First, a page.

Can’t Have Our Cake and Eat It Too: The ACA’s built-in rules have created a hefty price tag
Let’s face it, health insurance is not a sexy topic to bring up at any business meeting. It’s complicated, convoluted and constantly changing. It is one of the largest liabilities on a balance sheet. My conversations with the local business community and individuals under 65 revolve around the rising cost of health insurance and what is the best financial strategy for them and their company. Often, the fundamentals of the Affordable Care Act (ACA) are misunderstood – or worse – ignored until consumers need to use or even pay for their own medical insurance.
Question: Why is health insurance so expensive?
Answer: We cannot have our cake and eat it, too. Unfortunately, the rules built within the ACA have created a hefty price tag. Very simply stated, the ACA is a layered set of regulations that insurance carriers are required to follow to provide the public a qualified health plan (QHP).
The ACA is the platform for the uninsured to enroll in health plans for both individuals and small businesses. This venue, a.k.a. the marketplace, is facilitated by either the federal or state government. Since 2014, Michigan’s marketplace has been orchestrated by the federal government, known as HealthCare.gov.
Early on, the marketplace enticed small business owners to enroll in group plans using the Small Business Health Options Program (SHOP). Included was the opportunity to apply for a narrow tax credit, as long as the criteria were met. This was a short-lived and disappointing program. Today, SHOP is not available on Michigan’s federally facilitated marketplace (FFM).
Since the launch, individuals not covered under group plans must meet the qualifications in order to receive tax dollar support which “helps” offset heavy premiums. Funds are credited to the consumer as long as they continue to qualify and share compensation information with the FFM.
Why are rates so high?
At the top, QHPs must pack in and provide ample coverage for ALL essential health benefits (EHB). These big-ticket items include: ambulatory, emergency, hospitalization, maternity, newborn care, mental health, substance abuse, prescription, rehabilitative, habilitative, laboratory, pediatric dental, vision and last but not least, preventive care services.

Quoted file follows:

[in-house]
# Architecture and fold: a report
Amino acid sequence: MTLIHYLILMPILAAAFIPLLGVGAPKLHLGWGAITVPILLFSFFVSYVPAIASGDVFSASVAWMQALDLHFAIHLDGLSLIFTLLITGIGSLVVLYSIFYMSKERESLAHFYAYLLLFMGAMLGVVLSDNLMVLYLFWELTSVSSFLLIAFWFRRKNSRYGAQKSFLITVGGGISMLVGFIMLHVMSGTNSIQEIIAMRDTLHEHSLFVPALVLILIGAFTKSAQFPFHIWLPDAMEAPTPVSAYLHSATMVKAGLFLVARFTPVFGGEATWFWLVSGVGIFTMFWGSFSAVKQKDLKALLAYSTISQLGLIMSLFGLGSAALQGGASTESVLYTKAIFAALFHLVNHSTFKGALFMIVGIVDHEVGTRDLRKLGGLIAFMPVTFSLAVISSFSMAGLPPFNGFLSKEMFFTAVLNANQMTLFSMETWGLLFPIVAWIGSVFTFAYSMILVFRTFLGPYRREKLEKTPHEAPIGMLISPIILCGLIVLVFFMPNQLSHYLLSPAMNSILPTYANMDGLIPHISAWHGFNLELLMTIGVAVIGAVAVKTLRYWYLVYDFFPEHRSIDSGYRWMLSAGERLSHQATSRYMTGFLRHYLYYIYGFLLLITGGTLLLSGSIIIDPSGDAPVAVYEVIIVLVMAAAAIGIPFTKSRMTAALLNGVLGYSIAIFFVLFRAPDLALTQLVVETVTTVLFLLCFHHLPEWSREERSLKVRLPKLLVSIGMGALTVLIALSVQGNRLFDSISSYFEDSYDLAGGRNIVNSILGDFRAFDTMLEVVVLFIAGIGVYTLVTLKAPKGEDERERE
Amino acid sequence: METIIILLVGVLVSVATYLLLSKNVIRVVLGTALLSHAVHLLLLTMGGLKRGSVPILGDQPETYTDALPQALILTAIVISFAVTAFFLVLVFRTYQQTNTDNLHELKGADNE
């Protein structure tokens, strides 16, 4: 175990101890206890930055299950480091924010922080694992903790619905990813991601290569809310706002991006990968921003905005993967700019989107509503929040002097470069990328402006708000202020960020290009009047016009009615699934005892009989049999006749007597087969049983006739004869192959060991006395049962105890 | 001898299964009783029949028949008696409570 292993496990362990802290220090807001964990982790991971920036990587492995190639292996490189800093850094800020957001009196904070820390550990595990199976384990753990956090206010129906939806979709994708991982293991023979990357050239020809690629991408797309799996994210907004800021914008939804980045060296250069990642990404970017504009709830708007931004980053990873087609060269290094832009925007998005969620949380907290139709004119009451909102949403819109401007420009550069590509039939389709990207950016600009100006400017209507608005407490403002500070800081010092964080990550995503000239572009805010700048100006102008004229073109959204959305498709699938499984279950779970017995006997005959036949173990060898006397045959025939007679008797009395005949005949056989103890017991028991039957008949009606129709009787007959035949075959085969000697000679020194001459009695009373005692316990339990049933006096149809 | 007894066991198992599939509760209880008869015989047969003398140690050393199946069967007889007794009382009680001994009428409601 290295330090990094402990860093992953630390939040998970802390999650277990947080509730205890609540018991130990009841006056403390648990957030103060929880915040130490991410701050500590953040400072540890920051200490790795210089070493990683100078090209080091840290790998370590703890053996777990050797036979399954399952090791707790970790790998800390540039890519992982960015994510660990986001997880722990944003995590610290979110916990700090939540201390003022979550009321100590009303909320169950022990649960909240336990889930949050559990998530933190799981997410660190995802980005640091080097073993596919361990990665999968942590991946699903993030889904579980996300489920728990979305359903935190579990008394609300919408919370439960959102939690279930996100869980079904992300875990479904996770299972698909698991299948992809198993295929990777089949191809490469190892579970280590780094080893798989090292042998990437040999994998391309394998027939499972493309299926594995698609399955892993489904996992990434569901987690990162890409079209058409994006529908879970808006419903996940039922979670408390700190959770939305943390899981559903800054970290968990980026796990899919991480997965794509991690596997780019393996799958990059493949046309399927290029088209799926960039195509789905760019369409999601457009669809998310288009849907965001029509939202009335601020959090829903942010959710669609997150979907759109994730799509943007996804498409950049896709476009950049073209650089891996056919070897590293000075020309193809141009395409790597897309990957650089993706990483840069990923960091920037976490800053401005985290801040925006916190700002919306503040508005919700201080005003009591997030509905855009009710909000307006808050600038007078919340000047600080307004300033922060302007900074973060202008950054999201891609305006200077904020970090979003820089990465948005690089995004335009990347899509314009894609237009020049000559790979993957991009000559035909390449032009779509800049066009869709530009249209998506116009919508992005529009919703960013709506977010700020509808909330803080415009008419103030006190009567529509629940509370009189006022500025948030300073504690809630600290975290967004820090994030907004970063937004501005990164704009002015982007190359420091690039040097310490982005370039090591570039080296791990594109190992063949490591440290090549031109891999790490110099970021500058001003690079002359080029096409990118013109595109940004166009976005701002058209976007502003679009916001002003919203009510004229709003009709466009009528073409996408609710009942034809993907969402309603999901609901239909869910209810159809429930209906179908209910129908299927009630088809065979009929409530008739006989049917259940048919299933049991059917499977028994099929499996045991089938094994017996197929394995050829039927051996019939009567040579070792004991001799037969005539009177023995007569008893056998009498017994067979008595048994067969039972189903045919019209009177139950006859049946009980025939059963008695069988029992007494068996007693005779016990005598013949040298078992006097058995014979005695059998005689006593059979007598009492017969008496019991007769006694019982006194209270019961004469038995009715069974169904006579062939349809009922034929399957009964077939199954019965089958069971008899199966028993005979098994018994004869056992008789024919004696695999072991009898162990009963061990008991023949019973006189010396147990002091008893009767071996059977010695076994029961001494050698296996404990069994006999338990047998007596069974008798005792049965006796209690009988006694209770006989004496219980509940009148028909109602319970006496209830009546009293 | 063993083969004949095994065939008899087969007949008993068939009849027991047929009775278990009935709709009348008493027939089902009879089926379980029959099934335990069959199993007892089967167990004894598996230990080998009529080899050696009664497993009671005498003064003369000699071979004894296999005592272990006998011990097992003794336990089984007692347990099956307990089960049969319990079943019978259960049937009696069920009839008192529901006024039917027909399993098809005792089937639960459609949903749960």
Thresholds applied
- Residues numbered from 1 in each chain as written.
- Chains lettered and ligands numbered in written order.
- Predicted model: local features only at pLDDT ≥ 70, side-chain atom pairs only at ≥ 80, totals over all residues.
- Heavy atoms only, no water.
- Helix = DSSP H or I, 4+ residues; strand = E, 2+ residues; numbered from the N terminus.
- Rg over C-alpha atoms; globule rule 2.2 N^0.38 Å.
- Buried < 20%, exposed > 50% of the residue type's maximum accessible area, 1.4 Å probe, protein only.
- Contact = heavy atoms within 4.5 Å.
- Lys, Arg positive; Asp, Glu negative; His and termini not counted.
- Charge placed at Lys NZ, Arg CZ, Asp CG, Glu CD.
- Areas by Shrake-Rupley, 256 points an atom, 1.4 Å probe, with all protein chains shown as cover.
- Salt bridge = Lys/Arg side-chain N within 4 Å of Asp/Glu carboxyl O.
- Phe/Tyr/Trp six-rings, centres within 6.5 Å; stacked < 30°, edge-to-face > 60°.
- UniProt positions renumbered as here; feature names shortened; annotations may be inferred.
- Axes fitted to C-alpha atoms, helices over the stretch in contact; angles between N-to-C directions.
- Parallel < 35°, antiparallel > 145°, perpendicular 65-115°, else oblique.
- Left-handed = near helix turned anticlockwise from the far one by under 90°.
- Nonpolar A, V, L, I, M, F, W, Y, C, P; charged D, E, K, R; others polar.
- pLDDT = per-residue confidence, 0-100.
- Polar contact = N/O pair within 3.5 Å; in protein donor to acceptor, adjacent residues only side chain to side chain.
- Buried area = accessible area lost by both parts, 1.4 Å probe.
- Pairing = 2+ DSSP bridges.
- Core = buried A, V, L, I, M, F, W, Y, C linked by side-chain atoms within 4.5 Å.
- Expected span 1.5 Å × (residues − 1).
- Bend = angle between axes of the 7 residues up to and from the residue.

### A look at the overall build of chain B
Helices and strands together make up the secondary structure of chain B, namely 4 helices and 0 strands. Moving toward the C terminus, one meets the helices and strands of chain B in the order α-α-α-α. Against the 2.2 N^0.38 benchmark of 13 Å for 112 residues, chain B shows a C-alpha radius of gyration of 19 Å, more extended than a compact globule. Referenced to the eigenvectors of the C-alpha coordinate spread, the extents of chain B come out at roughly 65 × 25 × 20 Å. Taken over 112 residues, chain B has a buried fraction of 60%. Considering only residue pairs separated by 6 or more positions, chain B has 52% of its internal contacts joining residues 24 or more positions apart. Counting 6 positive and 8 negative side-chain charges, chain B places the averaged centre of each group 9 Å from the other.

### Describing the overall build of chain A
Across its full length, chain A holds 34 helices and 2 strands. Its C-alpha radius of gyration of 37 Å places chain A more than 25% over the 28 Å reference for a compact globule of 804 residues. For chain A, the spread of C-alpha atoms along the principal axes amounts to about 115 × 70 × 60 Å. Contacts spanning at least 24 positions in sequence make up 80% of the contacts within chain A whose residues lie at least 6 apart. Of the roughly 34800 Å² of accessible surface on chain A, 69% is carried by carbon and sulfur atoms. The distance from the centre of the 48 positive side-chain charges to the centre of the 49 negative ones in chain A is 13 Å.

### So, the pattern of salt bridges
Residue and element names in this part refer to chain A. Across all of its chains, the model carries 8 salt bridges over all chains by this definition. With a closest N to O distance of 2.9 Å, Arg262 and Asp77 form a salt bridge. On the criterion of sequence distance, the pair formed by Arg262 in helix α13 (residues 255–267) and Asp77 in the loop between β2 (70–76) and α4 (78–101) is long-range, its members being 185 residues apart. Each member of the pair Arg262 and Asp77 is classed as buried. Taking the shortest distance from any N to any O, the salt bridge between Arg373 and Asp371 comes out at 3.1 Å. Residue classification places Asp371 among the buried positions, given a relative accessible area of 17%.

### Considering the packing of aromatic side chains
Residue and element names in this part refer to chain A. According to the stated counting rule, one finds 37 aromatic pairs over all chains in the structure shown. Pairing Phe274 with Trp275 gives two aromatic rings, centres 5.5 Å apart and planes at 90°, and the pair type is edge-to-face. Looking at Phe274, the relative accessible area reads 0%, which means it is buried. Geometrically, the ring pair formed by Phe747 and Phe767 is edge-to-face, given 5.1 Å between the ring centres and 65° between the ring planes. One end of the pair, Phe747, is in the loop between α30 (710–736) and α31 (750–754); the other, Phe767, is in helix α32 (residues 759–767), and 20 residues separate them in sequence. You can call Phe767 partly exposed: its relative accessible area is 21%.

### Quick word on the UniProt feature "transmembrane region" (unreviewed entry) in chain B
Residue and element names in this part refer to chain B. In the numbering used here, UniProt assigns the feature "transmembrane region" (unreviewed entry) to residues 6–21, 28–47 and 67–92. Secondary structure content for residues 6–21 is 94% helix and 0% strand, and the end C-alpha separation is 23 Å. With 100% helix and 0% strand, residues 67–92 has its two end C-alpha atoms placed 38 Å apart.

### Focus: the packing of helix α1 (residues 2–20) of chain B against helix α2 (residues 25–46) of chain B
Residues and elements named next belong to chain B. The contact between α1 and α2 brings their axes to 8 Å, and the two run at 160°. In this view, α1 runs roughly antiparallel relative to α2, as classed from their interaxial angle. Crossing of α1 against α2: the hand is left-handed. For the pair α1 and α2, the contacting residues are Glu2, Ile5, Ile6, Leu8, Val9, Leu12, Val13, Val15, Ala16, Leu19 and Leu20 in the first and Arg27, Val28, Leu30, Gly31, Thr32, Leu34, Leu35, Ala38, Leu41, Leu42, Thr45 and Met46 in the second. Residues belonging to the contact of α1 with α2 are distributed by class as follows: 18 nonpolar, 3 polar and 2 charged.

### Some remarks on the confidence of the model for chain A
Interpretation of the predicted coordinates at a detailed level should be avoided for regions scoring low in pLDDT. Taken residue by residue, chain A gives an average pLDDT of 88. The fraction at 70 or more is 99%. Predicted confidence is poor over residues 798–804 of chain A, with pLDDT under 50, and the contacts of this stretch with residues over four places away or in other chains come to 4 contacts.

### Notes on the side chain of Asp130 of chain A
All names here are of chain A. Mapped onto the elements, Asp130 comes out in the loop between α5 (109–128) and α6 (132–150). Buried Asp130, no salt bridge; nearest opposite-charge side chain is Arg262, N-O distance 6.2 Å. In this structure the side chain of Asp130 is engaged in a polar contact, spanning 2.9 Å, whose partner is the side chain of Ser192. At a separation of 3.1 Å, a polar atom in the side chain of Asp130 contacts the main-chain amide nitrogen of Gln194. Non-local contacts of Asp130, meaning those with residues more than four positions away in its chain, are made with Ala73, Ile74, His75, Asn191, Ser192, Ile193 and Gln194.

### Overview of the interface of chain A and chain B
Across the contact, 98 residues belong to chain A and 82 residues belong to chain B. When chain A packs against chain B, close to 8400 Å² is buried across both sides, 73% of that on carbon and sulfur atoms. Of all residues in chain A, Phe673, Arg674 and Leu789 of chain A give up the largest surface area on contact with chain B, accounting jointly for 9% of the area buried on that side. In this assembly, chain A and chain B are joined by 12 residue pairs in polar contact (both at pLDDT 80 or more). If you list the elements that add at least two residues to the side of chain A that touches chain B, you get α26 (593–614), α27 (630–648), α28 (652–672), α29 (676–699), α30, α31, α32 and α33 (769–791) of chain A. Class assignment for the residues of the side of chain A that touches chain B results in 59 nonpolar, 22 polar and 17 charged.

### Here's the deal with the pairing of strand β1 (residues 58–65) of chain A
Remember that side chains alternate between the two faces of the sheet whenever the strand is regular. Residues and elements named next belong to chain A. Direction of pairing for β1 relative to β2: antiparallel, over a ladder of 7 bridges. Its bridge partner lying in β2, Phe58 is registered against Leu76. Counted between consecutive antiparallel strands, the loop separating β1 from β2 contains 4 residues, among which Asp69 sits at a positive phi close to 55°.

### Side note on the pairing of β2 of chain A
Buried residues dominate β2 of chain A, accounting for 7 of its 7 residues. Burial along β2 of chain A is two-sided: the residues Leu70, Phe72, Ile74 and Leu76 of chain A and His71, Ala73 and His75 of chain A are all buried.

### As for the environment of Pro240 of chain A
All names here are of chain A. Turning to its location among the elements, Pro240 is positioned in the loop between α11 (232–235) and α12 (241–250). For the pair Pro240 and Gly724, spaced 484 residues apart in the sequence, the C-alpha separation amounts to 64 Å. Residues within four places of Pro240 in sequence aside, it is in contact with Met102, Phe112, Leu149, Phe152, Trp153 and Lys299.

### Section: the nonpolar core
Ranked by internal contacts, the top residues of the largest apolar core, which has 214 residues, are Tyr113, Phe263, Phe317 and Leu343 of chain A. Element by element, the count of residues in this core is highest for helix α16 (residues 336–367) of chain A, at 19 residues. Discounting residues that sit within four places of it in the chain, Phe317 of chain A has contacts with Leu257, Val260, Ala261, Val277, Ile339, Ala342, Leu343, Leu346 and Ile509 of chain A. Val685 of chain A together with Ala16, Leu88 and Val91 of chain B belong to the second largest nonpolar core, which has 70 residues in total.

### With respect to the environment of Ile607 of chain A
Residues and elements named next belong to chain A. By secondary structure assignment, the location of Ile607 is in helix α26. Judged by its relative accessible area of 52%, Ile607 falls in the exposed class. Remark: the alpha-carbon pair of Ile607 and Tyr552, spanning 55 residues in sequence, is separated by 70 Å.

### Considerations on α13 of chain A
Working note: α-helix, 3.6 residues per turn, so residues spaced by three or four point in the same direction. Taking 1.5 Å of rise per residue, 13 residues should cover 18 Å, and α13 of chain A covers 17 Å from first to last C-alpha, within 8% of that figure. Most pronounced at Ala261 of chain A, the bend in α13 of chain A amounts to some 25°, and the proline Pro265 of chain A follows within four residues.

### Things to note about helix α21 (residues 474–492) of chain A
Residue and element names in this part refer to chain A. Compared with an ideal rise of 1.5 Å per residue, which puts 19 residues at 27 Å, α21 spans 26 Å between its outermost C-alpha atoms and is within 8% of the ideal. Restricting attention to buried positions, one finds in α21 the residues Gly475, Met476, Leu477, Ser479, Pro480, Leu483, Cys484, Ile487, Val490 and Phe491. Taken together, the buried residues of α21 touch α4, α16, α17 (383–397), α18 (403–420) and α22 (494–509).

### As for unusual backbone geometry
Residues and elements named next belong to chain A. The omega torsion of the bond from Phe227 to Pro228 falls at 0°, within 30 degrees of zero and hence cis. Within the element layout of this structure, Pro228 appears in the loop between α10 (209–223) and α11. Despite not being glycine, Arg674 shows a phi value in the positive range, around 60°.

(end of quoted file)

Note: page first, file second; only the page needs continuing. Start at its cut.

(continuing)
Framed within preventive care are: vaccines, non-diagnostic colonoscopy (50+), mammograms (40+), birth control, wellness exams and more. These high-priced EHBs have been baked into the premiums, one important reason rates are so high. Familiarize yourself with the free-at-time-of-service items by asking your insurance carrier or agent for your plan’s preventive menu.
Two large and pricey layers of the ACA have established financial safeguards for the consumer. Current parameters not only stop insurance companies from limiting care, but also measures the amount of medical debt a person can afford annually. These limits are:
Lifetime: Health insurance carriers may not halt care when medically necessary treatments have surpassed one million dollars. Once upon a time, the patient was responsible for all costs that exceeded specific dollar thresholds. Since lifetime ceilings have been removed, insurance carriers are passing these potential expenses back to the consumer.
Annual: Medical debt is now indexed, measured and capped, annually. Eight years ago, the cumulative out-of-pocket allowed was $6,350. In 2022, this became $8,700. The math? Deductible + coinsurance maximum + diagnostic office visits + Rx copays = maximum consumer responsibility. If this sum is met, coverage moves to 100%. The carrier pays the remaining (until the program resets). Learning these details is important. Know your QHPs maximum math!
Said delicately, rates are based on age, not health. With small groups and individual QHPs, the older you are the more expensive you become (in the eyes of the ACA). Using rough arithmetic, adding a zero to your age is a decent indicator of what a bare-bones bronze plan may cost. Insurance networks (HMO, POS, PPO) and metal tiers such as platinum, gold, silver will affect the monthly rate. The more extensive your coverage, the more it will cost (+$100 per precious alloy). The math: At 62 budget $620 for an unsubsidized, bronze HMO plan. A gold PPO plan, at 62, could run as high as $920, per month, give or take.
Rates have managed to crest beyond affordable for many individuals and small business owners. By design, the ACA does provide abundant coverages and important monetary protections from the very institutions who help to keep us healthy. The way the ACA is stacked today, this cake is extremely expensive, no matter how you slice it!
Recently enacted transparency rules are one small but mighty catalyst that can provide the public much-needed price accountability when budgeting for non-emergent services. Skilled insurance agents, not pressured to meet quotas, should be sharing guidance and strategies to assist you when traversing through your health insurance decisions for yourself and your business.
Andi Dolan is the founder of Traverse Benefits, a locally-owned independent insurance agency providing health, life and disability insurance solutions for individuals, employers and Medicare beneficiaries across northern Michigan.